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What happens when you chop an equation?

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If you have a question about this talk, please contact Nicolas Boulle.

This talk will discuss a tricky business: truncating a differential equation to produce finite solutions. A truncation scheme is often built directly into the steps needed to create a numerical system. E.g., finite differences replace exact differential operators with more manageable shadows, sweeping the exact approach off the stage.

In contrast, this talk will discuss the “tau method” which adds an explicit parameterised perturbation to an original equation. By design, the correction calls into existence an exact (finite polynomial) solution to the updated analytic system. The hope is that the correction comes out minuscule after comparing it with a hypothetical exact solution. The tau method has worked splendidly in practice, starting with Lanczos’s original 1938 paper outlining the philosophy. However, why the scheme works so well (and when it fails) remains comparably obscure. While addressing the theory behind the Tau method, this talk will answer at least one conceptual question: Where does an infinite amount of spectrum go when transitioning from a continuous differential equation to an exact finite matrix representation?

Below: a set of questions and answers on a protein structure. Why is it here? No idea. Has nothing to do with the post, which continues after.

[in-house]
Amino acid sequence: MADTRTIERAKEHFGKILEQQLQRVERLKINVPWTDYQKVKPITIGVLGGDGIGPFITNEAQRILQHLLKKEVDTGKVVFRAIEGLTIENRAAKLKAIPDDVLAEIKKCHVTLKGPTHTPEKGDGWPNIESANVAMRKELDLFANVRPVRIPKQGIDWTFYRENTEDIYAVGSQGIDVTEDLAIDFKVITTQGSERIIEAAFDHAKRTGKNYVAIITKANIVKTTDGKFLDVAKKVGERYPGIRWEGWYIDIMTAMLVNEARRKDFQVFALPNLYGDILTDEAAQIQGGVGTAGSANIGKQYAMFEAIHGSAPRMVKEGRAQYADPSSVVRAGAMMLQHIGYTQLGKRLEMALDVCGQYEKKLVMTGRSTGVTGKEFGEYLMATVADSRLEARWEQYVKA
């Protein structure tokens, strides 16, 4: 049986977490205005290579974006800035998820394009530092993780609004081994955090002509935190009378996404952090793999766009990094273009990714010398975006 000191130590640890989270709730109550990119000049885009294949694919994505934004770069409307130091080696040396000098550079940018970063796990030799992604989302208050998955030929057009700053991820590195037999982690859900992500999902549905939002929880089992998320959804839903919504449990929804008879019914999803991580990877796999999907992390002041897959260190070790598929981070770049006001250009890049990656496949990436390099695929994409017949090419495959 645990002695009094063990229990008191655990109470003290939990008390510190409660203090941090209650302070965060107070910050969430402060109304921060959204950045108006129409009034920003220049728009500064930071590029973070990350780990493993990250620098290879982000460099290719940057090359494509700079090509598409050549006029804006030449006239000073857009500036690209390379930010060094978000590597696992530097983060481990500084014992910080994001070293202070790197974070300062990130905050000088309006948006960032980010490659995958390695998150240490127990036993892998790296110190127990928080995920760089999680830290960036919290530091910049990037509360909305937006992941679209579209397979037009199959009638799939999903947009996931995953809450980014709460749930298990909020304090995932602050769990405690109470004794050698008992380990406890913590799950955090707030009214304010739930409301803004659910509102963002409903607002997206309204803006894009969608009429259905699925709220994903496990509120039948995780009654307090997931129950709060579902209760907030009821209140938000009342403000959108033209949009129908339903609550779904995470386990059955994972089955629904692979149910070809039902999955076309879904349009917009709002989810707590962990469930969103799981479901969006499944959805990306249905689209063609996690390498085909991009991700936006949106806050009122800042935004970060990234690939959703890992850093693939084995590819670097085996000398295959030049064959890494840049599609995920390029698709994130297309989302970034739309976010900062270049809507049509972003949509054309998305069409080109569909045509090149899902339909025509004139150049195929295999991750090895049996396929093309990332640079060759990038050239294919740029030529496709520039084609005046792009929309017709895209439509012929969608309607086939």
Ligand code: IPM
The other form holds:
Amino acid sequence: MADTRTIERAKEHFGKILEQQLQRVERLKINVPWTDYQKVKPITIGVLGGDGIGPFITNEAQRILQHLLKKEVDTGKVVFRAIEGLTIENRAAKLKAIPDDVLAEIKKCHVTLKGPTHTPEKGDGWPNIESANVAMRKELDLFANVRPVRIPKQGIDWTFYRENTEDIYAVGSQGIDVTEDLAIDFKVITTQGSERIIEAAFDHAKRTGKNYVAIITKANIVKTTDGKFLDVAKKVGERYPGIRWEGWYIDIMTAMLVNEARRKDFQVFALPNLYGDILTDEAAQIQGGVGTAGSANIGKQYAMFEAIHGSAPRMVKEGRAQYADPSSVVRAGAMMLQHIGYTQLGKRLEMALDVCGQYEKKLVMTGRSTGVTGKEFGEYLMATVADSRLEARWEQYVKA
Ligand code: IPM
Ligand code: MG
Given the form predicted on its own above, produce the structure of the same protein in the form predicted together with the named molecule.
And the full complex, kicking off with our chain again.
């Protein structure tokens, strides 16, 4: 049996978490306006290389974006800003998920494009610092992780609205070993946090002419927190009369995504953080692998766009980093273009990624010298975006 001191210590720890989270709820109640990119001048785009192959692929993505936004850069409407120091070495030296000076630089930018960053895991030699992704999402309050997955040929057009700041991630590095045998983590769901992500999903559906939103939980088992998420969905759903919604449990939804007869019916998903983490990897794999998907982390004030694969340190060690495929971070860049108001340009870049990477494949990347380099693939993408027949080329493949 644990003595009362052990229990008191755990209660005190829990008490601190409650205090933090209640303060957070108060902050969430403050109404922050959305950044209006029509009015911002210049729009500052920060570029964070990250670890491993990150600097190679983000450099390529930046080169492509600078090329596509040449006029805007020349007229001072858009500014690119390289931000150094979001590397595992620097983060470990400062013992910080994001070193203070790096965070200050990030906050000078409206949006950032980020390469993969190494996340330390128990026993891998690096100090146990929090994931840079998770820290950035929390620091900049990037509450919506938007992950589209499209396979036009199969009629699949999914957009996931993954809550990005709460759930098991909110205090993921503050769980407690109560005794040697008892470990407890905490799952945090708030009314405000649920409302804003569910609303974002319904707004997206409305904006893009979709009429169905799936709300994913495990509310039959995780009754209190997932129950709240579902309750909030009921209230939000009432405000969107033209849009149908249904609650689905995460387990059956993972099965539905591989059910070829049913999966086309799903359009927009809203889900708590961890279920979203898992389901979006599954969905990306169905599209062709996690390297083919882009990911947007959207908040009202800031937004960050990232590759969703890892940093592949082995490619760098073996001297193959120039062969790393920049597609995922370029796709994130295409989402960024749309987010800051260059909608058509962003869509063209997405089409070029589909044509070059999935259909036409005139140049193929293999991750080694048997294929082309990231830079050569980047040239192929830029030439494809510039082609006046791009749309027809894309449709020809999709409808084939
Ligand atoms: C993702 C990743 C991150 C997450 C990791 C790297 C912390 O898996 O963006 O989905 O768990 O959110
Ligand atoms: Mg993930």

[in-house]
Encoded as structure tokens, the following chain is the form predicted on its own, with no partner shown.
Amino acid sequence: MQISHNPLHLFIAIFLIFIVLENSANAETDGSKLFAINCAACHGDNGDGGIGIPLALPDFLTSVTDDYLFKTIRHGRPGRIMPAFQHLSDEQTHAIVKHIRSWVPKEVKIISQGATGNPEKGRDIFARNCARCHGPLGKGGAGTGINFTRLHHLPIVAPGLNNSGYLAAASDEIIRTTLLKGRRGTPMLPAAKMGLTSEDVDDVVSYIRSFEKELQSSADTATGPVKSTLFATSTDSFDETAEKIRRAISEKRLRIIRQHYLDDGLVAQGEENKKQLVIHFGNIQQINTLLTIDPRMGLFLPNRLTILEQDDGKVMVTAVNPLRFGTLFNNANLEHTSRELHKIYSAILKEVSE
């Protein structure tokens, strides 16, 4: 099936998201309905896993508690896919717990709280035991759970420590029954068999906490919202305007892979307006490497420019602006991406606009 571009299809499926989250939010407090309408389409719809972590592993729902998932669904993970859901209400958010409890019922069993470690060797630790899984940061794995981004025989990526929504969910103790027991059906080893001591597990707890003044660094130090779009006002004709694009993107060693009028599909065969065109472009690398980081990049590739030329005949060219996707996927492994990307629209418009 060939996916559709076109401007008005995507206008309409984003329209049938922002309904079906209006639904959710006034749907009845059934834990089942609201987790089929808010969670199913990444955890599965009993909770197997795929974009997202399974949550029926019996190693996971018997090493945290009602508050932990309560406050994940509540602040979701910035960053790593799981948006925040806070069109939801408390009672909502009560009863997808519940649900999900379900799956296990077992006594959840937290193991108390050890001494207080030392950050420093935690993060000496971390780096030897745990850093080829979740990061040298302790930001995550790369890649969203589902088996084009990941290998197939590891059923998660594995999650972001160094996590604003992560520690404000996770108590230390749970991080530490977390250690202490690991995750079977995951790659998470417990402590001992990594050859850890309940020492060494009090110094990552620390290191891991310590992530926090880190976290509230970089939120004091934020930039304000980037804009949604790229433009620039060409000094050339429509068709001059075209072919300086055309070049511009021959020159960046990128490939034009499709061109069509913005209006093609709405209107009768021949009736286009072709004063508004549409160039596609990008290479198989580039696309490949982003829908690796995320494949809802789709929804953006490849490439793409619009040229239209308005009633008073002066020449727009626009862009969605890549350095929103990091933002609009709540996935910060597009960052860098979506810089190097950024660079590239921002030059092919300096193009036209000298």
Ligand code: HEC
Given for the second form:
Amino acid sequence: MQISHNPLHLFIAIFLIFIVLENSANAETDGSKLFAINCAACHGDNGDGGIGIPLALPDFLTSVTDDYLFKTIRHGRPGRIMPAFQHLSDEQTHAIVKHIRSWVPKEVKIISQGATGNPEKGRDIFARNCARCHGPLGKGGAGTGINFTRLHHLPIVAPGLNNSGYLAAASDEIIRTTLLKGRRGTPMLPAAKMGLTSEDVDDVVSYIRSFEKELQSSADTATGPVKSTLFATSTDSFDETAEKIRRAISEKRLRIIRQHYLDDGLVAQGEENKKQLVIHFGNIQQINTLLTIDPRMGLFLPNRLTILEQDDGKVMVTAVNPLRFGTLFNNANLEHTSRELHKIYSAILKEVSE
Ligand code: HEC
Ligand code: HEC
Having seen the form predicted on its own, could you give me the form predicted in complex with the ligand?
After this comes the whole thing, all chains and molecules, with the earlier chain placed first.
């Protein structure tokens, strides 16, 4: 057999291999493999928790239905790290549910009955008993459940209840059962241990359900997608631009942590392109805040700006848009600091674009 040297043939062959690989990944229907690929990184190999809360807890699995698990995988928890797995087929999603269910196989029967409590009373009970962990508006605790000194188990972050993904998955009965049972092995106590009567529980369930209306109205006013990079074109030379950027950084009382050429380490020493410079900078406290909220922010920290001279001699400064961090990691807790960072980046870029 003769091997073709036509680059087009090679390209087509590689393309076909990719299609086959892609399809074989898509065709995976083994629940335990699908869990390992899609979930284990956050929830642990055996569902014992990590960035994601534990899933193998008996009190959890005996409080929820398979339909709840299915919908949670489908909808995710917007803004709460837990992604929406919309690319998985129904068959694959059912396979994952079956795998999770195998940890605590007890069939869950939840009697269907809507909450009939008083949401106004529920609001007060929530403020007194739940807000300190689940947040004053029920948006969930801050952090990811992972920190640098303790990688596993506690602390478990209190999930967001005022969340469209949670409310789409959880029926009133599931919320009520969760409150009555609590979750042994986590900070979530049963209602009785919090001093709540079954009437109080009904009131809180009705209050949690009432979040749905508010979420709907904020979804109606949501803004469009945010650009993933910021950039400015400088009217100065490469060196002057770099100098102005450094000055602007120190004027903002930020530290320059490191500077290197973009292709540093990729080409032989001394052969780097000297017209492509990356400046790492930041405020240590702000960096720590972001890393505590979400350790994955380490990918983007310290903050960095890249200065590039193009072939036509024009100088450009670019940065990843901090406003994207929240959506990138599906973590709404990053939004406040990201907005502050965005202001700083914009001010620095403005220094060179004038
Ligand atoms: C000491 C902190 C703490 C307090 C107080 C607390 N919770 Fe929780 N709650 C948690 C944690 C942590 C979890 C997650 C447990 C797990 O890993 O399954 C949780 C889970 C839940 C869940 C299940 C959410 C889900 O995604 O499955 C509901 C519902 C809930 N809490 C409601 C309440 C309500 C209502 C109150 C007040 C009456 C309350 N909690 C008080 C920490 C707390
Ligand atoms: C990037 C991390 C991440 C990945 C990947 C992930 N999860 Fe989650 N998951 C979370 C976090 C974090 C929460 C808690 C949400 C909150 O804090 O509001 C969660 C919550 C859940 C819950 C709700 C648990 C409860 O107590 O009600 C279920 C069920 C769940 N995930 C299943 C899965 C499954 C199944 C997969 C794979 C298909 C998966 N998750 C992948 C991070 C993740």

This talk is part of the Applied and Computational Analysis series.

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